This is a challenge and believe me, the American people are up to the challenge, just as we were with the Dred Scott decision.
Of course, I hope the US can avoid a civil war where over half million people were killed & presumably Beck does, as well.
Similar to Taney, Roberts seems to have said in his ruling that the private sector has no rights which the public sector is bound to respect.
During Roberts' Senate confirmation hearings, Sen Specter (then-RINO, PA) made Roberts commit to his theory of super stare decisis for Roe v Wade:
when Senator Arlen Specter of Pennsylvania, the chairman of the Judiciary Committee, asked him whether he agreed that certain cases like Roe had become superprecedents or "super-duper" precedents - that is, that they were so deeply embedded in the fabric of law they should be especially hard to overturn.
In response, Judge Roberts embraced the traditional doctrine of "stare decisis" - or, "let the decision stand" - and seemed to agree that judges should be reluctant to overturn cases that had been repeatedly reaffirmed.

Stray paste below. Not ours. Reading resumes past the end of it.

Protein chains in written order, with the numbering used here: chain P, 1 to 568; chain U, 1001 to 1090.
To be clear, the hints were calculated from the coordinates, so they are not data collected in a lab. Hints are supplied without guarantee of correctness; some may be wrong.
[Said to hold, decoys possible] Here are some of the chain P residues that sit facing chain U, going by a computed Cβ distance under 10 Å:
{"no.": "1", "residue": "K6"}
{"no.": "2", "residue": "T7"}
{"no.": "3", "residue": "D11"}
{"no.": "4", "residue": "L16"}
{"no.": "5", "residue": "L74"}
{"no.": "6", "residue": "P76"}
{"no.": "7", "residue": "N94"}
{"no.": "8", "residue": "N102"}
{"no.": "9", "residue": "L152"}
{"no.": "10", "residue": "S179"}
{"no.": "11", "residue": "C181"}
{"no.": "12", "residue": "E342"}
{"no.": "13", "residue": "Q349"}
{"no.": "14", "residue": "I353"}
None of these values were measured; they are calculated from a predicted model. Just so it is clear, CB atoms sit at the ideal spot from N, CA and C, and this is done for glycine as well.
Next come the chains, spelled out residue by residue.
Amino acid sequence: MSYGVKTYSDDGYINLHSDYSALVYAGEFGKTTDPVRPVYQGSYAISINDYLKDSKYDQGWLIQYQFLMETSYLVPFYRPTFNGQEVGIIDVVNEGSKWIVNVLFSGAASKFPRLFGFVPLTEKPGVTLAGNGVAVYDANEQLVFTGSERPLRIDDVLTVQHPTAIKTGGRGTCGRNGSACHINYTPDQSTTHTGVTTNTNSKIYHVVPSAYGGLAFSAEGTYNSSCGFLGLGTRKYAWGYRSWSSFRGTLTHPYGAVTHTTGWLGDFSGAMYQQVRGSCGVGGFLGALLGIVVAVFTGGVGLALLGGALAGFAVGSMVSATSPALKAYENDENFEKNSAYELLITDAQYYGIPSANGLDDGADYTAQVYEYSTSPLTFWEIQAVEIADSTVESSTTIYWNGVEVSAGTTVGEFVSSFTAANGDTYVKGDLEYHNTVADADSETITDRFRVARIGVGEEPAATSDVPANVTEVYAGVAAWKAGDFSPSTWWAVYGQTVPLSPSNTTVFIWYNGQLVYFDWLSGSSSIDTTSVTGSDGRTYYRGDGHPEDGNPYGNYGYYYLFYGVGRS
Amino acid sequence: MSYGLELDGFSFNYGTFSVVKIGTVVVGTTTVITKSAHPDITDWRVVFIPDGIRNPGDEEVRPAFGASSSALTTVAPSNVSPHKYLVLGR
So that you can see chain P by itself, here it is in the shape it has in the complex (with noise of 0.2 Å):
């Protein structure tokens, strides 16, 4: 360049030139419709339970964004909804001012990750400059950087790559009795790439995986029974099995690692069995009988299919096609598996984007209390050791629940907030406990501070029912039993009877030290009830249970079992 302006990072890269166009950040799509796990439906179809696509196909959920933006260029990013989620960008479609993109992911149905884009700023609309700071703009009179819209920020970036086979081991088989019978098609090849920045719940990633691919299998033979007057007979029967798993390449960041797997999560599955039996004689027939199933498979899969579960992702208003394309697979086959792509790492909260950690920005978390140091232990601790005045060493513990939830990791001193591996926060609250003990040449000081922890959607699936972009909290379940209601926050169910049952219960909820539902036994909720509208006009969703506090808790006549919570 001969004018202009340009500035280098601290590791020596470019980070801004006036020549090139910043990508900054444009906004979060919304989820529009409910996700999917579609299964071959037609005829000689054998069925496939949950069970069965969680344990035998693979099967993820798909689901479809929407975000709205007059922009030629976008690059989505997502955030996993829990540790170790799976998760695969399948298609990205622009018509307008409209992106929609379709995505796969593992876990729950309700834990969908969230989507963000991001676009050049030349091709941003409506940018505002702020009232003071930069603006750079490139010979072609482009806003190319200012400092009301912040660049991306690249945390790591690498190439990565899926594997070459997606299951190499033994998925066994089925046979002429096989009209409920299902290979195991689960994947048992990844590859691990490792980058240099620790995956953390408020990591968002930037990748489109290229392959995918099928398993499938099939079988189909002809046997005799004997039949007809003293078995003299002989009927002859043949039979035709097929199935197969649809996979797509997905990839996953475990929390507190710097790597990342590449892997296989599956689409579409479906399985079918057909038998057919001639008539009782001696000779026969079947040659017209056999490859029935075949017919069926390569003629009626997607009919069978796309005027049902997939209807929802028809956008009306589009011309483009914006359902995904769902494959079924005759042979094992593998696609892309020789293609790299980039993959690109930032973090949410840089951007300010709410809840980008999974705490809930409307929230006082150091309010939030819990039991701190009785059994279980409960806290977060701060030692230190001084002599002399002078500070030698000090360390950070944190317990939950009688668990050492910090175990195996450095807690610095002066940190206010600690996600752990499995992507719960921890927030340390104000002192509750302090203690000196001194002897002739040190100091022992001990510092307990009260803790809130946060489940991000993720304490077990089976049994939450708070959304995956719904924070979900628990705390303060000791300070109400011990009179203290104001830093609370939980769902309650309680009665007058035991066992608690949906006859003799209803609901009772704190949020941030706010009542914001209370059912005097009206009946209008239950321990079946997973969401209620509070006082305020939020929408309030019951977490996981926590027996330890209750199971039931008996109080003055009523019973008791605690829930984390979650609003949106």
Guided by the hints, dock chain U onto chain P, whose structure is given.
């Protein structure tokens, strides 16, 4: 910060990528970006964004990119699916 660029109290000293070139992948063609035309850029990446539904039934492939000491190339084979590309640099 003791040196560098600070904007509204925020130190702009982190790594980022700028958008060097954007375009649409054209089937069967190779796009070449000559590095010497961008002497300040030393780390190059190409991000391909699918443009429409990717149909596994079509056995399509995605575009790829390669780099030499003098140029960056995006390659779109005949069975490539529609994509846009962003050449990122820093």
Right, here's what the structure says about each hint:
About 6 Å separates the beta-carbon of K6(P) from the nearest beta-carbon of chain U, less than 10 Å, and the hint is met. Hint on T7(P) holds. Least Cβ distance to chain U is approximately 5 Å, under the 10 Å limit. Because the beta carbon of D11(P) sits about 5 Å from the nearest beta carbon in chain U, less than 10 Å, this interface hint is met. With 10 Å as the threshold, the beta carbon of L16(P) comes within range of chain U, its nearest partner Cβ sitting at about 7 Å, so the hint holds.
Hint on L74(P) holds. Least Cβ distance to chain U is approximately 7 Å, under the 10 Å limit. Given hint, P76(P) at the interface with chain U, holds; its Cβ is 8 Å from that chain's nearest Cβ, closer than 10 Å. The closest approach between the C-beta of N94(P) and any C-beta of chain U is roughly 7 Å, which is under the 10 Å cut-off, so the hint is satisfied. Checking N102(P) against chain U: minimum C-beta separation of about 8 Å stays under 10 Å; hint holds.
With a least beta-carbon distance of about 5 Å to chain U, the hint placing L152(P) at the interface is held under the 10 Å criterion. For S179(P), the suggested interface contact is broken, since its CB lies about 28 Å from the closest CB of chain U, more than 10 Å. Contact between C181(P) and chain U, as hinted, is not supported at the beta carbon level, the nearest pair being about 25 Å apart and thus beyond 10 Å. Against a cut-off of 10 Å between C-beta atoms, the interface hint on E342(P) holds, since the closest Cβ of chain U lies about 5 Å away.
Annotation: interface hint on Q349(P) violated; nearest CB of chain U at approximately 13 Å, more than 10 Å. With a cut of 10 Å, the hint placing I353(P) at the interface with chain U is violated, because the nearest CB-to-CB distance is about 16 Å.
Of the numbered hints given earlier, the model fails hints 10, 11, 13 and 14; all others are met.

In contrast, Roberts was purportedly more swayed by a quote from Oliver Wendell Holmes than with the stare decisis of Marbury v Madison:
Justice Roberts suggested that even he didn't find the tax argument especially plausible, but he quoted Justice Holmes to explain why it was good enough. "As between two possible interpretations of a statute, by one of which it would be unconstitutional and by the other valid," Justice Holmes wrote, that would be Oliver Wendell, "our plain duty is to adopt that which will save the act."
Hence, stare decisis stands for Roe v. Wade which allows individuals to kill babies that were presumably created in a fit of irrational passion but are subsequently unloved and unwanted. However, stare deisis does NOT stand for Marbury v Madison which thus prohibits justices from killing laws that were similarly crafted by irregular procedures & are unconstitutional and equally unwanted.